By Marjorie Nesin Staff Writer
Gloucester Daily Times
---- — ROCKPORT — Two Rockport lifeguards rescued swimmers from drowning this summer, saving lives at Front Beach and Old Garden Beach. And now, town leaders have officially extended their thanks.
Rockport Police Sgt. Timothy Frithsen, who oversees the Red Cross certified Rockport lifeguards, said the lifeguards, Erin Pratt and Jacob Ward, demonstrated “heroic efforts in saving two lives” this summer.
“It’s very rare that you get to see so many saved,”said Frithsen, “It is very much something to be proud of.”
The town recognized the two at a recent selectmen’s meeting, presenting the lifeguards with plaques and recognizing them for their service.
For Pratt, the honor marked her second time receiving an award for saving a life. The Rockport High School senior had also rescued a swimmer last summer when working as a lifeguard in Gloucester.
The Red Cross hailed Pratt as a youth hero this past March for last summer’s rescue. In that case, Pratt had noticed a woman in distress at Good Harbor Beach, while working as a lifeguard at a nearby pool last year. She ran across the street, entered the water and pulled the woman — who was crying for help — back to shore. She then noticed two children on a boogie board who were also struggling against the riptide, swam back out — and pulled them to safety, as well.
This past summer, having switched to lifeguarding at Old Garden Beach, Pratt saw a diver in distress floundering and gasping for air, according to Frithsen. Pratt grabbed her rescue board, then swam out and plucked the diver out of the water. Pratt radioed police on land and requested an ambulance for the diver who was transported to the hospital because of continued difficulty breathing after being pulled from the water, according to Frithsen.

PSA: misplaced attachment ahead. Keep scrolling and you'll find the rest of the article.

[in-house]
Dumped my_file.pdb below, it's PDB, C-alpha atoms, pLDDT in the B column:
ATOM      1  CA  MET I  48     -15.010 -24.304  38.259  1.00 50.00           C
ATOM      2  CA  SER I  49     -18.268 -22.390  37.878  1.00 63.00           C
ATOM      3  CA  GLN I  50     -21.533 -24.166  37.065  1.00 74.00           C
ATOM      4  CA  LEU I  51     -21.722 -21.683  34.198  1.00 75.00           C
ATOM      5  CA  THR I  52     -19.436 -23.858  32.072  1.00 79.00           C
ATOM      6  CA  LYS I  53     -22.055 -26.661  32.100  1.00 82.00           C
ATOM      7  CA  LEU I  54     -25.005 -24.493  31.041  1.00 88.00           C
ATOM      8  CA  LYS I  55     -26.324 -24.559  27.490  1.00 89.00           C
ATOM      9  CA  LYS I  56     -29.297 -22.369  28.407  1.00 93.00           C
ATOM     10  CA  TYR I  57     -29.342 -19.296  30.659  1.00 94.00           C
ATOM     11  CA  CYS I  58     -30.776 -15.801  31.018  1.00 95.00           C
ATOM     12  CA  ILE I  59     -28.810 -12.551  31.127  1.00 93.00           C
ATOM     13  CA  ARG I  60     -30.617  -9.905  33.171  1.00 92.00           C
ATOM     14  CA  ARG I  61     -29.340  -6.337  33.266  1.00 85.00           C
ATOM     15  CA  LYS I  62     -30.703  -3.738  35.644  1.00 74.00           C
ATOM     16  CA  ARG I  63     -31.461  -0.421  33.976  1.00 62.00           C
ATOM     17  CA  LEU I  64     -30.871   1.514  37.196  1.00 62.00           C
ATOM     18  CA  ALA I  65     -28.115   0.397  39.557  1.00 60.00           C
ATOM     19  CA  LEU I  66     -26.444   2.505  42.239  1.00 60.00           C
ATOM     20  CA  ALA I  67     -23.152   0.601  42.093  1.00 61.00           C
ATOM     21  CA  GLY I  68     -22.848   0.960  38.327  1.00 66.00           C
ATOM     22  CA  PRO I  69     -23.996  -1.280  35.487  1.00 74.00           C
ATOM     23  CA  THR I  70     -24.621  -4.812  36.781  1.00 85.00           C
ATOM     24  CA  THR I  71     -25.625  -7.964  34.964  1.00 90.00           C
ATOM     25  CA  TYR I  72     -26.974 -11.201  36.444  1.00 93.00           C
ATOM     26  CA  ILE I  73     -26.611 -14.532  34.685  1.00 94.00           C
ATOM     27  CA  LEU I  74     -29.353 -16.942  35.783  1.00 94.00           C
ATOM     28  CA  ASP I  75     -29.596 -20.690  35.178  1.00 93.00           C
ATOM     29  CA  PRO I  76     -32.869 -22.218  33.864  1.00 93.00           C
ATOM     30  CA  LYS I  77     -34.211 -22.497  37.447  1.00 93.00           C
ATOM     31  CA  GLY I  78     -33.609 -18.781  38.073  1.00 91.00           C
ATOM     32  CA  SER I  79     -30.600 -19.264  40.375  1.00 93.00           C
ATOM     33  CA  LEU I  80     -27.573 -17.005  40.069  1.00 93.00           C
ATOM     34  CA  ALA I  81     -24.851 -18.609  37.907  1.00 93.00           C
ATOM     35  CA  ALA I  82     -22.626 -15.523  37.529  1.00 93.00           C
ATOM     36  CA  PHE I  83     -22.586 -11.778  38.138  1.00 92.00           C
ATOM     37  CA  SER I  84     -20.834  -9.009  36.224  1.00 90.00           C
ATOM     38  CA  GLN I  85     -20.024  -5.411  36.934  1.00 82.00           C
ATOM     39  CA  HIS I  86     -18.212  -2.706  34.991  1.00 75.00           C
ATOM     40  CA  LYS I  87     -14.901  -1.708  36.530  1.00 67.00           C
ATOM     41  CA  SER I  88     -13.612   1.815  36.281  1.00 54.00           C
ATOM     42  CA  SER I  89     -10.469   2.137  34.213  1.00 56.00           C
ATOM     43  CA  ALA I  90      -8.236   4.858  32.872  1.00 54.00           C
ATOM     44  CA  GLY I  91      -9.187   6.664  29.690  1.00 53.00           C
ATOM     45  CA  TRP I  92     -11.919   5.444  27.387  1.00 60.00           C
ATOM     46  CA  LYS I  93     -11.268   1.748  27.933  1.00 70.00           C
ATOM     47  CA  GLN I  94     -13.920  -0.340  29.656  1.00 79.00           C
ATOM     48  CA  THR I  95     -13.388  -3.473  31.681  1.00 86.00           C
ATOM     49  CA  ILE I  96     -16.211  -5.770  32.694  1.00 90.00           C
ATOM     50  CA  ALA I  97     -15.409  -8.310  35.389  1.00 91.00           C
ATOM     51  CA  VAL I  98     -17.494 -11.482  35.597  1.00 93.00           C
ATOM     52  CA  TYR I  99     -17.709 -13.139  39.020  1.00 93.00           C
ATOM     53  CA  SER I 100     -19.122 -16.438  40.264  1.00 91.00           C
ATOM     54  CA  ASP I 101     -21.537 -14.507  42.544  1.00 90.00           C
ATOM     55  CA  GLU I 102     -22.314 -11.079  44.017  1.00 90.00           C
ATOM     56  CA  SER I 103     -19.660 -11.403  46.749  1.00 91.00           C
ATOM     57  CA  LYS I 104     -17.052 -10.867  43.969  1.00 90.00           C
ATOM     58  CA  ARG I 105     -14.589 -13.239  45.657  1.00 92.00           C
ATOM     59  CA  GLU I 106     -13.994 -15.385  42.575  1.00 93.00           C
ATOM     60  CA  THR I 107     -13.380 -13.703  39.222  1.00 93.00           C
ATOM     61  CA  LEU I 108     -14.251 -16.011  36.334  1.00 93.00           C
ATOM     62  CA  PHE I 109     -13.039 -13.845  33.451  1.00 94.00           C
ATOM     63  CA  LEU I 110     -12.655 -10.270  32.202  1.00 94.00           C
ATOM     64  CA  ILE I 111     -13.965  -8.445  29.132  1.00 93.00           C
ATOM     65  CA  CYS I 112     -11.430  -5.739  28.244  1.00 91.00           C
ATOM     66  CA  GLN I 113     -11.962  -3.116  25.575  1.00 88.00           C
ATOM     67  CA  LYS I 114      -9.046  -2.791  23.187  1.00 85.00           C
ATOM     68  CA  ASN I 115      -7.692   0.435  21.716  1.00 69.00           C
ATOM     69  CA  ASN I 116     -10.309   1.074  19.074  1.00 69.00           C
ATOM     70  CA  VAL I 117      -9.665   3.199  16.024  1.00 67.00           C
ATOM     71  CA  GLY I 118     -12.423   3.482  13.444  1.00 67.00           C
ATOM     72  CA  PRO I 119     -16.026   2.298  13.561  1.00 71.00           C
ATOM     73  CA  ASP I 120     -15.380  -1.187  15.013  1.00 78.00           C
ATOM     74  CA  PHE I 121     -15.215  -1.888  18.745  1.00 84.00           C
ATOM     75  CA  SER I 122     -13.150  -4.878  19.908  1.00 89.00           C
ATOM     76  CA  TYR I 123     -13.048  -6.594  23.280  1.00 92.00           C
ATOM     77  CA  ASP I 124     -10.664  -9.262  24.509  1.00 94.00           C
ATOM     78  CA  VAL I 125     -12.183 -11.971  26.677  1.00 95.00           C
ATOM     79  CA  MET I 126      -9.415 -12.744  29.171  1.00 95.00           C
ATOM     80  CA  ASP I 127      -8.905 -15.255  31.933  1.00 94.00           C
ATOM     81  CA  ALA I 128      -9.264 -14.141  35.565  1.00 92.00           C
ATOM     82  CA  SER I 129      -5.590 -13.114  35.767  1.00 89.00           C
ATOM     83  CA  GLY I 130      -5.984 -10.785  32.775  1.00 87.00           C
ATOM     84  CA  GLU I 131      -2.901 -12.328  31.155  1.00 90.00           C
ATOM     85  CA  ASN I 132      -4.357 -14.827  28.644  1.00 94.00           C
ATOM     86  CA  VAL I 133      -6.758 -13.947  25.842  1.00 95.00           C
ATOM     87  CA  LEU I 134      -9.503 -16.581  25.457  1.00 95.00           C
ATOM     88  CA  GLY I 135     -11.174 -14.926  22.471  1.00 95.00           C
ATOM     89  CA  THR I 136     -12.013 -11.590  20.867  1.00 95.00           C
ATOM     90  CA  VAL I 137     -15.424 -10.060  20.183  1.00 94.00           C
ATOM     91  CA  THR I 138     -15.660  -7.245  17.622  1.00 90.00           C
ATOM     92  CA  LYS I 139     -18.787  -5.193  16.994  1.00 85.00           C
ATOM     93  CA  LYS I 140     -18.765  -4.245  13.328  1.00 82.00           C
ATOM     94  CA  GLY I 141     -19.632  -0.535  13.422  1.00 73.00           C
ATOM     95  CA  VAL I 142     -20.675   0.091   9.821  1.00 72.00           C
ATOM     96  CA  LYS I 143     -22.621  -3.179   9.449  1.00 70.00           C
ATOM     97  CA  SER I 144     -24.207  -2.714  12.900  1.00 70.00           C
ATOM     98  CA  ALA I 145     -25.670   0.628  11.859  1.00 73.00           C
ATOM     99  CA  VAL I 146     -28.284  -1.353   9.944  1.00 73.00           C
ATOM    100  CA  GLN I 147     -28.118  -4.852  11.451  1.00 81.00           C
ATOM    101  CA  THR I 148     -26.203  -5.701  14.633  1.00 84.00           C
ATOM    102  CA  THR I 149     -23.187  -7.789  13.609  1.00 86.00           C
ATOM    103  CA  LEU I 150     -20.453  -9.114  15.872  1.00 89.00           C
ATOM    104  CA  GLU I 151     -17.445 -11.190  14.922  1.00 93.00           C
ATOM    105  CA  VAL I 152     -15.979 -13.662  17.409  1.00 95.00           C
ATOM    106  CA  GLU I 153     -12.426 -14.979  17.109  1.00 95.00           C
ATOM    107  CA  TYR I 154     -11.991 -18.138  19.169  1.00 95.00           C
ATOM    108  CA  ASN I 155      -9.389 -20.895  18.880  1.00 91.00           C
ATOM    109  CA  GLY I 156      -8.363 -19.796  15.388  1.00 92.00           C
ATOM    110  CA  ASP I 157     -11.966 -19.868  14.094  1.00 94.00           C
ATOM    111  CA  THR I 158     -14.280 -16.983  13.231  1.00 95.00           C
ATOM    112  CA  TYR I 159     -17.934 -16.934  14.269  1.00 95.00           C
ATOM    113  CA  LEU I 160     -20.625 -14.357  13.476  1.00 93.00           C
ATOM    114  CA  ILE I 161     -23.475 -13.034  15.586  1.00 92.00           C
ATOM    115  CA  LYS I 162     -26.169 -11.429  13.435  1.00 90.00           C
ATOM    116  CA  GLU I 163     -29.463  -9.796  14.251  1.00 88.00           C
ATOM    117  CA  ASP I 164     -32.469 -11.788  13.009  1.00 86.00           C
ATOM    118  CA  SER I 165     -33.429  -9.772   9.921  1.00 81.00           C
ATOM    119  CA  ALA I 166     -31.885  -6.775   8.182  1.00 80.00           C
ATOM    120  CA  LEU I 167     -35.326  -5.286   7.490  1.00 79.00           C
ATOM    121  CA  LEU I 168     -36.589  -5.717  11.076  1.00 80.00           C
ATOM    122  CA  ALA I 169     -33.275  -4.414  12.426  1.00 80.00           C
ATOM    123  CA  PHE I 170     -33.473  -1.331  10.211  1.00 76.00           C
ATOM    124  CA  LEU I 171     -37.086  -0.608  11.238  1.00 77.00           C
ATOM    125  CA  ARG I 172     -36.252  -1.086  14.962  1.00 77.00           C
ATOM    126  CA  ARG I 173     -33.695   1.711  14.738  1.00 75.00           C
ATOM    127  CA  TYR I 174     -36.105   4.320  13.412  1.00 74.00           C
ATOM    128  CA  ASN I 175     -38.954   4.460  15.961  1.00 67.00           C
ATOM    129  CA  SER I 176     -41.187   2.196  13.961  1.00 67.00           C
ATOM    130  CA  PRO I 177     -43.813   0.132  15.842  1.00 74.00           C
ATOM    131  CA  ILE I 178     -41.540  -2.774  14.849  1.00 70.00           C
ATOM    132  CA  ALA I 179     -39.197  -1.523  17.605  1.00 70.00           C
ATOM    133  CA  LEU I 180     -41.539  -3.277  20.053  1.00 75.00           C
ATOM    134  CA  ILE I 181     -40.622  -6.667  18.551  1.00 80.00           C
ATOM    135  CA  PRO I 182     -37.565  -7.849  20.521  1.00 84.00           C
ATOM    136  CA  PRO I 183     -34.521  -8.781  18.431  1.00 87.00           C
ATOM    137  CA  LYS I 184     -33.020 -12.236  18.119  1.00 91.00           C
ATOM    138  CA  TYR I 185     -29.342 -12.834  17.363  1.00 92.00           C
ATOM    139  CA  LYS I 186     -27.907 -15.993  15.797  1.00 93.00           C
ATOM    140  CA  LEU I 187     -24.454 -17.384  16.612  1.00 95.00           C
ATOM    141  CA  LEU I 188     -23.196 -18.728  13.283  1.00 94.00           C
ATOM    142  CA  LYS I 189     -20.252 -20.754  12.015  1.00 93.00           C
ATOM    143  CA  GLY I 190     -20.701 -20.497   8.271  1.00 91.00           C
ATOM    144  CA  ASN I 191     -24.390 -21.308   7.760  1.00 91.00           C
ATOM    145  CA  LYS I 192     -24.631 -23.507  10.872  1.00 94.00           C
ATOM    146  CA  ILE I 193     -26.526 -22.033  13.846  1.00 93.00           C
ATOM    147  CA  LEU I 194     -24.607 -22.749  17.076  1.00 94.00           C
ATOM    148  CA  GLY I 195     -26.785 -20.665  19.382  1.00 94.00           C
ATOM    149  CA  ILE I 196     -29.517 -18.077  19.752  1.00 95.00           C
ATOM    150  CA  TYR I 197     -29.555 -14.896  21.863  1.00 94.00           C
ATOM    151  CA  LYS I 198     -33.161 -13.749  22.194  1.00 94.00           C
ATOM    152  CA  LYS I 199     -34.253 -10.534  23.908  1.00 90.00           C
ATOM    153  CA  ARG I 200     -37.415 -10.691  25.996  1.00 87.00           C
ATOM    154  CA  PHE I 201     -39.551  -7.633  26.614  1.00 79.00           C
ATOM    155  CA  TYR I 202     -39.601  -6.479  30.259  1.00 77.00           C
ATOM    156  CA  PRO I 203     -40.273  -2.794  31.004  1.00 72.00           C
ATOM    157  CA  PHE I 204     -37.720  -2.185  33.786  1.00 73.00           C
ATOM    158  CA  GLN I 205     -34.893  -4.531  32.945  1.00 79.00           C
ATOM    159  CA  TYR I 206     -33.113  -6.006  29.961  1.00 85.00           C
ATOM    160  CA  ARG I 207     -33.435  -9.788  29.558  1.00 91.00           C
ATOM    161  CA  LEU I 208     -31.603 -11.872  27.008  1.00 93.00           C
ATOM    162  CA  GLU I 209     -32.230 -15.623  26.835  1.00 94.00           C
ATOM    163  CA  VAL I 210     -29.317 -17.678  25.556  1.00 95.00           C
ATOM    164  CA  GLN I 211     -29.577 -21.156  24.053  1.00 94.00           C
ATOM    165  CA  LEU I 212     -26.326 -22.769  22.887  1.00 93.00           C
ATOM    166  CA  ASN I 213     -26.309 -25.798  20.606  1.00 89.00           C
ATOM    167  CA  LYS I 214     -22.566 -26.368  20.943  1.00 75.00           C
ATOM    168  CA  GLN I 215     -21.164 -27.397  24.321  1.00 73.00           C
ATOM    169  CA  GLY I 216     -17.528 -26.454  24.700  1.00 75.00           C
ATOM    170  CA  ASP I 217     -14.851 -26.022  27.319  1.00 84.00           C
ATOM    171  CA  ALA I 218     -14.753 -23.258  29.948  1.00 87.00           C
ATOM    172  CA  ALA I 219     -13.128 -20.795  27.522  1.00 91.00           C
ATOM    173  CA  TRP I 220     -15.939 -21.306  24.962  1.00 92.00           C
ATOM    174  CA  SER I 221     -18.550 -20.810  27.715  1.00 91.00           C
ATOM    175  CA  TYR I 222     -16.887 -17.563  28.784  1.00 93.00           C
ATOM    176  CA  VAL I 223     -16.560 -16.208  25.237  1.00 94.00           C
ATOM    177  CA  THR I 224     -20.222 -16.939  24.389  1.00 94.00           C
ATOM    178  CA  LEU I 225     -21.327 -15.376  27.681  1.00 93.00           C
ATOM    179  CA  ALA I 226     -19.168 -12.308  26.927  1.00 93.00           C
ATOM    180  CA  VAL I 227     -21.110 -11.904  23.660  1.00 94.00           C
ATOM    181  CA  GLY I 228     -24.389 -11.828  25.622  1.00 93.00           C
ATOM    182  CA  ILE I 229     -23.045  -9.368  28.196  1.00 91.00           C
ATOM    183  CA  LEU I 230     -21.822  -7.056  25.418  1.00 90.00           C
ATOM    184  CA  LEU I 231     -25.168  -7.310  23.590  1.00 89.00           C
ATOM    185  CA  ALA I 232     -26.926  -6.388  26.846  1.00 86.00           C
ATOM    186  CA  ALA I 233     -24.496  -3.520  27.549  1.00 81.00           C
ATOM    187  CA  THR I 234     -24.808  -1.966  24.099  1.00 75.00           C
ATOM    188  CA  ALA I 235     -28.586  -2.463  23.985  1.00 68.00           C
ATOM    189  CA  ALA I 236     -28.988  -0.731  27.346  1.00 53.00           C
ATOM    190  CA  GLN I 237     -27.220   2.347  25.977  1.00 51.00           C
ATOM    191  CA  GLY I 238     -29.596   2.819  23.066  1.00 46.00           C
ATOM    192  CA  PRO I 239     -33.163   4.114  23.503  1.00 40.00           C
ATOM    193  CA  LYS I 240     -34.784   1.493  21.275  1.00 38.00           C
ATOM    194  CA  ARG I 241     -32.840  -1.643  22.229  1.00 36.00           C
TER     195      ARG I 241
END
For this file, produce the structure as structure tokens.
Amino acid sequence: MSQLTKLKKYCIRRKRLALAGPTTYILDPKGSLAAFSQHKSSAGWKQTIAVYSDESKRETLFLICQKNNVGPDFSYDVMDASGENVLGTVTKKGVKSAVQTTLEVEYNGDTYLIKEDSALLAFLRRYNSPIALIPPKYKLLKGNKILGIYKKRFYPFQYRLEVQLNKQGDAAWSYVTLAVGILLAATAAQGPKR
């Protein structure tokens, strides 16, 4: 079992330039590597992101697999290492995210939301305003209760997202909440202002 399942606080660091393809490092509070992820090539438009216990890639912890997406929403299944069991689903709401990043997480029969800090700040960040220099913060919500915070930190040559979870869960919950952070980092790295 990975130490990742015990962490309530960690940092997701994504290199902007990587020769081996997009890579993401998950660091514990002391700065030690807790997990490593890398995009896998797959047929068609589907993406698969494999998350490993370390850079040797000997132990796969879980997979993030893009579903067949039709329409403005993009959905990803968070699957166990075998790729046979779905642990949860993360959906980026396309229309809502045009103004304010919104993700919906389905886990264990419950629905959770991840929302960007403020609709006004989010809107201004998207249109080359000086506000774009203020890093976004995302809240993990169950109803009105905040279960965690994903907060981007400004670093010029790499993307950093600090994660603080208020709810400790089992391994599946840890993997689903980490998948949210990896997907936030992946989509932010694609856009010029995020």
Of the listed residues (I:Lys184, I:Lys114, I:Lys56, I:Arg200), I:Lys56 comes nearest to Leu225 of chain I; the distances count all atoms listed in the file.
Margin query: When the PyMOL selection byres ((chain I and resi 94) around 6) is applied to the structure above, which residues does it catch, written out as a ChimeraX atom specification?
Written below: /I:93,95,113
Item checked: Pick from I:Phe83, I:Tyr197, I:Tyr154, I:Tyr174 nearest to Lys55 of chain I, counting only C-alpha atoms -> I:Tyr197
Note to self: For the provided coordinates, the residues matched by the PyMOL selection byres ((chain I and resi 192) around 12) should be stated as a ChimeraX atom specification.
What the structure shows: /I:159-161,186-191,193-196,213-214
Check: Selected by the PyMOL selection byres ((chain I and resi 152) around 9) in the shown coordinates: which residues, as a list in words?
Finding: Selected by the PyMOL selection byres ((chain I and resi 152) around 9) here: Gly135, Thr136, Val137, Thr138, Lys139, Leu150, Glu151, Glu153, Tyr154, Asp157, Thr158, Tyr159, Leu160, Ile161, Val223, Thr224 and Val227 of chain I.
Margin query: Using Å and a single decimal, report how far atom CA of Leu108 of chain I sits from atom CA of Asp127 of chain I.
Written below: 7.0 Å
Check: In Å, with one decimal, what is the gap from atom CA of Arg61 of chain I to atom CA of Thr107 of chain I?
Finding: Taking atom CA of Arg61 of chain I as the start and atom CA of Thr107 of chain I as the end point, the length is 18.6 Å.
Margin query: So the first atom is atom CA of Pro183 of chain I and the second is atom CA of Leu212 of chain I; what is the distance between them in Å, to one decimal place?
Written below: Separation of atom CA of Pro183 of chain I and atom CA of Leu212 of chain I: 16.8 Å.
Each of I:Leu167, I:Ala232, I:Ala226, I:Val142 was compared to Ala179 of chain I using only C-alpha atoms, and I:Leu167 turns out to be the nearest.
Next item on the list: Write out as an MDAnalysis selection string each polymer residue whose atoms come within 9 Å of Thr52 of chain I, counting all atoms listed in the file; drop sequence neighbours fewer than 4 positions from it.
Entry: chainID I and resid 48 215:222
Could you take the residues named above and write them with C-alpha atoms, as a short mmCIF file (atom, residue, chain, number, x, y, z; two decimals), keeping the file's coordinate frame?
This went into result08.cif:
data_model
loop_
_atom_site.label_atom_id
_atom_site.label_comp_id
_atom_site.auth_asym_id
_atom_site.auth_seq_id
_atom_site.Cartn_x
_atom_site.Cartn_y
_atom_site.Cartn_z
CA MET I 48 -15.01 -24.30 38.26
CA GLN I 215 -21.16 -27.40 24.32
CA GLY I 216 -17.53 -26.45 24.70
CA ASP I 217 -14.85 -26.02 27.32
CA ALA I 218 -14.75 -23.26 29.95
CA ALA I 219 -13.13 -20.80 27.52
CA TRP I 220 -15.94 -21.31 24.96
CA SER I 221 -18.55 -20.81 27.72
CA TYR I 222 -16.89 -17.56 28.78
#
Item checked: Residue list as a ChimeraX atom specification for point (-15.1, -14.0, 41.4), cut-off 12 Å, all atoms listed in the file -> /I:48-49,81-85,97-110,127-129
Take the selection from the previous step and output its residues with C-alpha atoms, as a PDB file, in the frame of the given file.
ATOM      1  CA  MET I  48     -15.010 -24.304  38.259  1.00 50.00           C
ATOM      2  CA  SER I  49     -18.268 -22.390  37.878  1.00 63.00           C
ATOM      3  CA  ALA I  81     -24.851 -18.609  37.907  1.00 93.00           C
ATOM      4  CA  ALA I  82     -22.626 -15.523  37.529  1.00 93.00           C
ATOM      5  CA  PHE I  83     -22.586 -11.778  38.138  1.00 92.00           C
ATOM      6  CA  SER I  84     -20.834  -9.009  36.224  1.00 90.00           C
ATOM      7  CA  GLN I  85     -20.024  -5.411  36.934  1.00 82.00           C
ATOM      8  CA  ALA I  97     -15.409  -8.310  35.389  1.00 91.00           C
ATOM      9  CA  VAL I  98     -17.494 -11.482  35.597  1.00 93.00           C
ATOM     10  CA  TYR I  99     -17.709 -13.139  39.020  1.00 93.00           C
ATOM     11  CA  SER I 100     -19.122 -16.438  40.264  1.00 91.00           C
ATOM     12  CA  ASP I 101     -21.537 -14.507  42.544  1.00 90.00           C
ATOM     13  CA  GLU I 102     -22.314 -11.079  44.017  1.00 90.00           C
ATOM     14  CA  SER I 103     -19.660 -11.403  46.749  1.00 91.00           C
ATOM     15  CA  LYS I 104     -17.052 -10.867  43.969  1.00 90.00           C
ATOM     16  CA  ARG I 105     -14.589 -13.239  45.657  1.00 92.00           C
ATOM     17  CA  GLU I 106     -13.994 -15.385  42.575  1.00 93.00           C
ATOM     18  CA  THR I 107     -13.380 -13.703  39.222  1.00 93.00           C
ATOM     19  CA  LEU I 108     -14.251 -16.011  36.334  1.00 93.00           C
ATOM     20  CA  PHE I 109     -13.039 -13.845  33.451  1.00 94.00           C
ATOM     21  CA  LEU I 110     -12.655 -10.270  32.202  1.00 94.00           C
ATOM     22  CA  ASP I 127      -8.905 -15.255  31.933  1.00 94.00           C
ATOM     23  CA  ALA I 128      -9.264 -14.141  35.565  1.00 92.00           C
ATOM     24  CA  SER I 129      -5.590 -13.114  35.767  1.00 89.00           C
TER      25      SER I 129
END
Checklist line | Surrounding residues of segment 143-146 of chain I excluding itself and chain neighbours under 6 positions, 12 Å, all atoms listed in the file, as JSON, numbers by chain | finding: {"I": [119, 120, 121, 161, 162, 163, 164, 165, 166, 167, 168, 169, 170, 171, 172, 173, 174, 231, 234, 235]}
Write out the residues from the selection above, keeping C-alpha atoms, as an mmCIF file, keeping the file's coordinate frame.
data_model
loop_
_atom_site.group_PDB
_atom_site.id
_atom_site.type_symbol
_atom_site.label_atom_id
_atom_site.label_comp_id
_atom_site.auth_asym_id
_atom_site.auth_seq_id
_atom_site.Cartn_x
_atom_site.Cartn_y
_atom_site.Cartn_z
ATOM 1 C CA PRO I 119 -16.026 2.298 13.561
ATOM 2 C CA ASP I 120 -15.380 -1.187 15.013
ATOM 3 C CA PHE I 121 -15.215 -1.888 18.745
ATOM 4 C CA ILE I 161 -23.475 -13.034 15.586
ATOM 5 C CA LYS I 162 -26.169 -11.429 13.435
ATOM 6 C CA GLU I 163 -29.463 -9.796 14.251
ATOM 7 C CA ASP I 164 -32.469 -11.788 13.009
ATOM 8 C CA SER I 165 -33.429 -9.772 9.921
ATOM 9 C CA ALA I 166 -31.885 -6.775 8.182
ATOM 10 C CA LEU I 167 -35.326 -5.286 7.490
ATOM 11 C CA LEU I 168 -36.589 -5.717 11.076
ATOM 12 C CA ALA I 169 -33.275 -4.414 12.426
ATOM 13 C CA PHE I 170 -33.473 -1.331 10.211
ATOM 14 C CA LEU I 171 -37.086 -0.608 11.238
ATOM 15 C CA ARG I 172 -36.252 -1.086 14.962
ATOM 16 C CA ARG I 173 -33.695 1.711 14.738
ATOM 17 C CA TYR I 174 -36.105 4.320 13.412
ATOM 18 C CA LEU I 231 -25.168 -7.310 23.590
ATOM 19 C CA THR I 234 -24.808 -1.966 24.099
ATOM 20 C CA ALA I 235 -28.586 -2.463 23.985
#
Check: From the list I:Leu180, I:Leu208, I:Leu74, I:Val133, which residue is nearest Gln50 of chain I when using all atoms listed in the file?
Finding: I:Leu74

Rockporter Jacob Ward, meanwhile, performed his own rescue at Front Beach less than a week after a man died in the same waters.
Ward was working a lifeguarding shift on Aug. 10, when he noticed a teen having difficulty swimming out to the floating dock moored about 100 yards from the beach. The tide was high, creating a farther distance between beach and dock, and the boy turned around to swim back to shore without resting on the floating platform, Ward said.
“So I decided to keep an eye on him,” Ward said.
When Ward saw the teenage boy begin to thrash and wave his arms in the water, he sprinted out to the teen, dropping his radio at the water’s edge and running without stopping to grab supplies.
“I didn’t take a board or a flotation device with me because I couldn’t waste time,” Ward said. Ward swam the teenager to land, squeezing his hand as the teen slipped in and out of consciousness. Ward said he never really had time to feel afraid as he rescued the teen and radioed for ambulance support.
When medical personnel lifted the teen into the ambulance and closed the doors behind him, they assured Ward the boy would be OK in a day or two. Ward passed the message on to the teen’s mother and comforted her as she sat crying in the sand, he said.
“The mother was in tears, hugging me and thanking me up and down,” Ward said. “My boss (Frithsen) said that if I wasn’t there he (the teen) would have died — so it was a good thing I was.”
Marjorie Nesin can be reached at 978-283-7000, x3451, or at firstname.lastname@example.org.